valid pointers


Sorry to be so long in responding.  I've been getting a cold.

   Even in a garbage-collected languageg, one might want to prove that an object
   can be reclaimed, e.g., to substitute mutation for allocation.  In fact, I
   became interested in this problem for this reason.

You are right.  I hadn't thought of that.

   > I would think it possible (perhaps naively) to do *specification* in C++
   > in the same way as CLU.  That is, to have an implicit pre-condition that
   > every pointer accessible is valid.  The pre-condition you note seems to
   > be automatically derivable, and it would be a burden to have all C++
   > specifications have to mention it explicitly.

   Yes, but the implicit pre- and post-conditions may be stronger than some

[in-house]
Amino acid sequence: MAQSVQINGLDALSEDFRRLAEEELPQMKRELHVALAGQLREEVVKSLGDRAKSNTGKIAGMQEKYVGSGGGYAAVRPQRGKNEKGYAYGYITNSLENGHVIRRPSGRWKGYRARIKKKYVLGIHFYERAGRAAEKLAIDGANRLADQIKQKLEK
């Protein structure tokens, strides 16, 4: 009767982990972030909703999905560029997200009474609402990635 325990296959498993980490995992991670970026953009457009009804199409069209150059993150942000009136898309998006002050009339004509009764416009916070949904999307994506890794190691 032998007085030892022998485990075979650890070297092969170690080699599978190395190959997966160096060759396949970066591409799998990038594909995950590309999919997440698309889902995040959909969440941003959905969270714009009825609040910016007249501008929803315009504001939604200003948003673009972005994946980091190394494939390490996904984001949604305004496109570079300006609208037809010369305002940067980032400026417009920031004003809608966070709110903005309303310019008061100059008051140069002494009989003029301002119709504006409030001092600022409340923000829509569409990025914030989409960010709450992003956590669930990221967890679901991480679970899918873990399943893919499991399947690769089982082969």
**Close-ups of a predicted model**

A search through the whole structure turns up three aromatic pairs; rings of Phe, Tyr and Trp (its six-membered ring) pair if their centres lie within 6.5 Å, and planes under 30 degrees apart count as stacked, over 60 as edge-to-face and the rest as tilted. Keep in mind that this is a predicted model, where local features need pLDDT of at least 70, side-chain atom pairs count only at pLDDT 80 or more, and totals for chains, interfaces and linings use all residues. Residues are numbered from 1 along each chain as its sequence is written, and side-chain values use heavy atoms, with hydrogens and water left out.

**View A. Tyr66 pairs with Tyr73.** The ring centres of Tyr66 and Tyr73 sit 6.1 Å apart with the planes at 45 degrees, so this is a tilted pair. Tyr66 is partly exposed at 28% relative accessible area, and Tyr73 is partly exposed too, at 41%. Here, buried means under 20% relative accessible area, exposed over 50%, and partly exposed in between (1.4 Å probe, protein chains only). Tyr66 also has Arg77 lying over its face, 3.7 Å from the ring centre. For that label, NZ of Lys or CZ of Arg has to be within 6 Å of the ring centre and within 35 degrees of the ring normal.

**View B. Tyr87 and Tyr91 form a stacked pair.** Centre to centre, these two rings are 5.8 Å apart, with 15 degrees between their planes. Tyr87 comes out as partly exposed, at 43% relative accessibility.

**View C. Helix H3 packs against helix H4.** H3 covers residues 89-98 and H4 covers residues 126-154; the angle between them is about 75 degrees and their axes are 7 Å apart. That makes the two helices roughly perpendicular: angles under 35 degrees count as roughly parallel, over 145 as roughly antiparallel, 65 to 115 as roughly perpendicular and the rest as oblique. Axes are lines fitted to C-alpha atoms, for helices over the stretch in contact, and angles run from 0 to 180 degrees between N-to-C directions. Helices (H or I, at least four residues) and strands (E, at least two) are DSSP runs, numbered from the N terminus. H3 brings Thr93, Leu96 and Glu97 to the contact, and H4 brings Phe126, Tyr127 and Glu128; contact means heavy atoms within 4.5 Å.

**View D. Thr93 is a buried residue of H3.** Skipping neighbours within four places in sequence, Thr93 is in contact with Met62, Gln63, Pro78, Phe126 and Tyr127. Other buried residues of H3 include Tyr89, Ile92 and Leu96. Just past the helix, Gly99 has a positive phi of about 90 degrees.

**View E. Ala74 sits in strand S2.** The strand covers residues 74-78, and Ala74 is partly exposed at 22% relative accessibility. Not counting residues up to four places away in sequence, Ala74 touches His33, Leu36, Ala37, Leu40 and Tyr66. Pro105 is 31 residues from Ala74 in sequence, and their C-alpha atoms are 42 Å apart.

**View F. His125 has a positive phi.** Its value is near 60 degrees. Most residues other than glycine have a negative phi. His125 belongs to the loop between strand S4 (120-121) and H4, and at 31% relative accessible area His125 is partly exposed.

would want in a language with explicit deallocation.  For example, if
   allocation routines return memory containing meaningless pointers, one needs
   initialization routines whose pre-conditions allow them to initialize such
   memory.  My default pre-condition does not.

I see.  I think the best way to handle this is with something like the
"terminates unless" idea.  We could have this kind of implicit pre- and post-
condition, but allow the user to specify that the default isn't wanted.
The syntax might be something like:
	pointers defined unless P
and omitting the clause means P is false.  Perhaps something finer controlled
is needed, but this is just off the cuff.